The Tribes of Galway (Irish : Treibheanna na Gaillimhe) were 14 merchant families who dominated the political, commercial and social life of the city of Galway in western Ireland between the mid-13th and late 19th centuries. They were the families of Athy, Blake, Bodkin, Browne, Darcy/D’Arcy, Deane, Font, French, Joyce, Kirwan, Lynch, Martyn, Morris and Skerritt. Of the 14 families, 12 were of Anglo Norman origin, while two—the Darcy (Ó Dorchaidhe) and Kirwan (Ó Ciardhubháin) families—were Normanised Irish Gaels.
The Tribes were merchant families who prospered from trade with continental Europe. They dominated Galway's municipal government during the medieval and early modern eras.
The Tribes distinguished themselves from the Gaelic peoples who lived in the hinterland of the city. Many of these families spoke Irish as a second or even first language. However, the feared suppression of their common faith joined both groups together as Irish Catholics after the Irish Rebellion of 1641. During the Irish Confederate Wars (1641–1653), Galway took the side of the Confederate Catholics. Following the Cromwellian conquest of Ireland, the English government punished the Tribes. Galway was besieged and after it surrendered in April 1652, the Tribes had to face the confiscation of their property by the New Model Army.
The Tribes lost much of their power within Galway city after English Parliamentarians took over the Galway Corporation in 1654. Cromwell's forces referred to them by the derogatory name, "The Tribes of Galway", which the families later adopted as a mark of defiance.
Galway's urban elite gained a restoration of some of their power during the reign of the King Charles II (1660–1685) and his successor James II. However, Jacobite defeat in the War of the Two Kings (1689–91), marked the end of the Tribes' once overwhelming political influence on the life of the city. Power passed to the small Protestant population. Garrison members of the Tribes who owned land in Galway and Mayo were protected by the advantageous surrender provisions that were signed on 22 July 1691.
Similar to the nicknames used for other Irish counties, Galway city and county and its people are known as the tribesmen. This nickname is derived from this term.
The tribes also lend their names to 14 of the roundabouts in or around the boundaries of Galway city. The roundabouts are signposted on navy blue signs containing the tribe's name in the Irish language.
Galway is a city in the West of Ireland, in the province of Connacht, which is the county town of County Galway. It lies on the River Corrib between Lough Corrib and Galway Bay. It is the most populous settlement in the province of Connacht, the sixth most populous city on the island of Ireland and the fourth most populous in the Republic of Ireland, with a population at the 2022 census of 83,456.
Richard Óge Martyn was a Galway lawyer and member of the Catholic Confederates of Ireland. He was of the senior line of the Martyn family, one of the Tribes of Galway. He lived at Dunguaire Castle, Kinvarra. He worked with his brother-in-law and first cousin, Patrick D'Arcy, against the Plantation of Connaught in the 1630s, and served on the Supreme Council of the Confederate Catholics in the 1640s.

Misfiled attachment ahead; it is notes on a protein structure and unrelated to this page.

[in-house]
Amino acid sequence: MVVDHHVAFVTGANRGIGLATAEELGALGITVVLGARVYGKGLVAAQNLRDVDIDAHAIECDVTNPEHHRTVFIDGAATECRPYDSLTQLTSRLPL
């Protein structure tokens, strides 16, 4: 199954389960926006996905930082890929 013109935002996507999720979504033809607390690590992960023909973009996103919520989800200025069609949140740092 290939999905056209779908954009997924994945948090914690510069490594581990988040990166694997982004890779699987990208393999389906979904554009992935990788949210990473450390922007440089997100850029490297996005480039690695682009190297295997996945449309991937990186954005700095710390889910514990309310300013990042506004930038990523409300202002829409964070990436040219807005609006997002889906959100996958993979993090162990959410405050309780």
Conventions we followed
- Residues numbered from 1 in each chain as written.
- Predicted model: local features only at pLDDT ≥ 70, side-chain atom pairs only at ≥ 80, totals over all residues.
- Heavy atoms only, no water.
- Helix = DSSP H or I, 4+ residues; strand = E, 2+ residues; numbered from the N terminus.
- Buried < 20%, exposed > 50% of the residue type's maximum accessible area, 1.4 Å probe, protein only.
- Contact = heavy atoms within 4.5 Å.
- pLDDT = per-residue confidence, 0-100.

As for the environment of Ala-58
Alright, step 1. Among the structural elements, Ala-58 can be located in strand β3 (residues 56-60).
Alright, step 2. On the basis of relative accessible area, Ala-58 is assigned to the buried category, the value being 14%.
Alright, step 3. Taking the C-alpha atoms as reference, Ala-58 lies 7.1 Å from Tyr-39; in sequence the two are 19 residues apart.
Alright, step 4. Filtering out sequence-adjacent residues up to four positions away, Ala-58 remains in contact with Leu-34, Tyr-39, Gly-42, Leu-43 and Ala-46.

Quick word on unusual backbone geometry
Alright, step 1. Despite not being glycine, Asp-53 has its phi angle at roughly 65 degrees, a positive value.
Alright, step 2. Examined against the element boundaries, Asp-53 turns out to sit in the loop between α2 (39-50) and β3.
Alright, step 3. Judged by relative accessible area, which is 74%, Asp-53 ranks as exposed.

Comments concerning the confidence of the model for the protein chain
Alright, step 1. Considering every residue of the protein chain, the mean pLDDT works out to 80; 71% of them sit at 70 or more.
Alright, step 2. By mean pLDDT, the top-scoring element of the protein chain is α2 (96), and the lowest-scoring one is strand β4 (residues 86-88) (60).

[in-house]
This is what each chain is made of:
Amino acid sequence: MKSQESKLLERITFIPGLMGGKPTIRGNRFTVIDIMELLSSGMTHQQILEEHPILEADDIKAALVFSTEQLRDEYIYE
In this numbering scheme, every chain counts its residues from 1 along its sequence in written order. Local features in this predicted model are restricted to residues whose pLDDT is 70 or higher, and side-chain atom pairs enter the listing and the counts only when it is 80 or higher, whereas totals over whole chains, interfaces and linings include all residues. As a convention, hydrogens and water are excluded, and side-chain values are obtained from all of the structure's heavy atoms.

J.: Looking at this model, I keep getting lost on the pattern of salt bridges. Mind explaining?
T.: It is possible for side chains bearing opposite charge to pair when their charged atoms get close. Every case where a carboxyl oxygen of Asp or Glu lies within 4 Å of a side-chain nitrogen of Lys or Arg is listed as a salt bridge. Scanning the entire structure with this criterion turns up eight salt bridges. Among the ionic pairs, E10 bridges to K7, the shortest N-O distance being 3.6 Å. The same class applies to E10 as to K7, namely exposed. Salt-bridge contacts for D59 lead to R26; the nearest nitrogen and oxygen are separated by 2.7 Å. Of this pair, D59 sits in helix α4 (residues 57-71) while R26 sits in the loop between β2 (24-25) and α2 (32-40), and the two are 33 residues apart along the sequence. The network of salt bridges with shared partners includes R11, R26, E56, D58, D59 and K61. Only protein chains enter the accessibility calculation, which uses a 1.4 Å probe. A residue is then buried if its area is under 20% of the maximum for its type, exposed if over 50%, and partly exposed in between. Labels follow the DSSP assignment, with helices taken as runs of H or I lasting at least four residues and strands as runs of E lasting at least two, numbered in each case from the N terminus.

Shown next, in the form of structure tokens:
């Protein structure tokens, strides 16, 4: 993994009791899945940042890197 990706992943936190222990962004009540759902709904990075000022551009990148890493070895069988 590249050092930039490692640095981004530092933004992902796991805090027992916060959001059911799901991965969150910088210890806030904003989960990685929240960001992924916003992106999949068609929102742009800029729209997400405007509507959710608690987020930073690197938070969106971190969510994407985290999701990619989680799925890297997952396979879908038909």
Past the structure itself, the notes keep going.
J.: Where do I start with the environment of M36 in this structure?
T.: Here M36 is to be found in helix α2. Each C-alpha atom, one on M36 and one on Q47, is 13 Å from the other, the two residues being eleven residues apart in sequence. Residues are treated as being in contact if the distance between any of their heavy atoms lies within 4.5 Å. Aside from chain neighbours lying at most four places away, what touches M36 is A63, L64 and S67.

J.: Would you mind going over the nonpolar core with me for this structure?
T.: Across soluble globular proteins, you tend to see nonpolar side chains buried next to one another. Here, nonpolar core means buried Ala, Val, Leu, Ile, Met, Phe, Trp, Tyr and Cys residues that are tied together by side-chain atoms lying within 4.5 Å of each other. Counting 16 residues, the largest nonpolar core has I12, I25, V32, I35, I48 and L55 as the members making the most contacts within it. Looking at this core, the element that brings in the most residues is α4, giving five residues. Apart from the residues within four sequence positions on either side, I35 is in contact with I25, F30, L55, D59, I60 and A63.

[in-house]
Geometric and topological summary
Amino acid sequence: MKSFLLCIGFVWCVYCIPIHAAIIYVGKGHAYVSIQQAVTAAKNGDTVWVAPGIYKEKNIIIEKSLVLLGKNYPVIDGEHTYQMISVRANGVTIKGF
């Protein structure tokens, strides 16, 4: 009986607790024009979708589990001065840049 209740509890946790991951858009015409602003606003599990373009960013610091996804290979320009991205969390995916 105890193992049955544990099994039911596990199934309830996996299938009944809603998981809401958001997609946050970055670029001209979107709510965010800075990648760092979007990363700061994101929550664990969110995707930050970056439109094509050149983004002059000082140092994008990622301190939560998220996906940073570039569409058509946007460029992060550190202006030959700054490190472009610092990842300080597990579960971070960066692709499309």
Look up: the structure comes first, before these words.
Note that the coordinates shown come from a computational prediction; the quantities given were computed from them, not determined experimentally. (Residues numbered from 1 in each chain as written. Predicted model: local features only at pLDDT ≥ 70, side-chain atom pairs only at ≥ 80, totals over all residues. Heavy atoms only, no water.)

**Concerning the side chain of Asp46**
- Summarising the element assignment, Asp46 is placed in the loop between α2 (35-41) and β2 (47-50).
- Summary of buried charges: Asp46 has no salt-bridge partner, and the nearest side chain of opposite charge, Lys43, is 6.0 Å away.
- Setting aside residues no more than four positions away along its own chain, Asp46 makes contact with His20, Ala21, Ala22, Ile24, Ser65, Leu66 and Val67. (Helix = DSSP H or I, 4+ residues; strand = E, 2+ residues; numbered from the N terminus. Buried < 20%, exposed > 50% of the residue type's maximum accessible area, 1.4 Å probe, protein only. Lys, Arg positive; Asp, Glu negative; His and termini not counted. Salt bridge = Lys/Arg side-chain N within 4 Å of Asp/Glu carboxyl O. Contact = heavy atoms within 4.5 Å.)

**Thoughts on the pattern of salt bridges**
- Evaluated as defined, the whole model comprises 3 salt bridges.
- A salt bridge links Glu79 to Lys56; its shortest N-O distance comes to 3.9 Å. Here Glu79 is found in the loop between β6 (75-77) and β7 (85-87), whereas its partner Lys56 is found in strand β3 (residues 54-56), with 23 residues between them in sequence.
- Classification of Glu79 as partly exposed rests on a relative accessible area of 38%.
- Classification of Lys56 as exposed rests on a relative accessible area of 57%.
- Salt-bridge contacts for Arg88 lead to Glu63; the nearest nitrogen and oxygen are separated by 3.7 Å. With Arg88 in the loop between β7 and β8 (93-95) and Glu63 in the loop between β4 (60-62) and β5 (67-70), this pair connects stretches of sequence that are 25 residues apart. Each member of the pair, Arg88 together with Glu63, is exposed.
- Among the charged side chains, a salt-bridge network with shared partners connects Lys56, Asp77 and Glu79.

Michael Morris, Baron Morris and 1st Baron Killanin,, known as Sir Michael Morris, Bt, from 1885 to 1889, was an Irish lawyer and judge. He was Lord Chief Justice of the King's Bench for Ireland from 1887 to 1889 and sat in the House of Lords as a Lord of Appeal in Ordinary from 1889 to 1900.
Patrick D'Arcy (1598–1668) was an Irish Catholic Confederate and lawyer who wrote the constitution of Confederate Ireland.
Mother Mary Bonaventure Browne was a Poor Clare nun, abbess, and Irish historian.
Thomas Óge Martyn, Mayor of Galway, fl. 1533-c. 1577.
Dominick Kirwin was an Irish Confederate, fl. 1642–1653?
Margaret Athy was an Irish religious patron.
Maria Gabriel Martyn (1604–1672) was Abbess of the Poor Clares of Galway.
Seoirse Brún, was an Irish scribe, fl. 1876. Brún, a native of Creggduff, Annaghdown, County Galway, is known only from a manuscript called RBÉ F006. It contains the following note:
George Browne Cregg Duff This Book/Belongs to him For Certain No Other Person/in This Locality can claim on This/Book but him Alone When he is Dead/and his bones are rotten This Little Book/Will tell his Name when he is quite/Forgotten Given under My ha[n]d this 18th Day of Oct 1876 - George Browne/Cregg Duff Annadown/County of Galway Ireland, The European Iliad.
William Ó Ciardhubháin, fl. 1488, was an Irish merchant and the founder of one of the Tribes of Galway.
Tomás Bobhdacing, founder of the Bodkin family of The Tribes of Galway, fl. c. 1300.
Sir Henry Lynch, 1st Baronet was an Irish baronet, knight, lawyer, and land agent. Lynch was among the first of his family to become a lawyer, and several of his younger sons followed him into this profession, as did, under his influence, Patrick D'Arcy, Richard Martyn, and Geoffrey Browne and many of the later generations of the Tribes of Galway.
Risteárd Buidhe Kirwan (1708–1779) was an Irish soldier and duellist.
Stephen Lynch was the 23rd Mayor of Galway, serving from 1507 to 1510.
James Riabhach Darcy was Mayor of Galway in Ireland 1602–1603.
Sir Dominick Browne, Irish merchant and landowner, c. 1585 – c. 1656.
Geoffrey Browne was an Irish lawyer and politician.
Walter Riabhac Ó Dorchaidhe, Irish merchant and founder of the Darcy tribe of Galway, fl. c. 1488.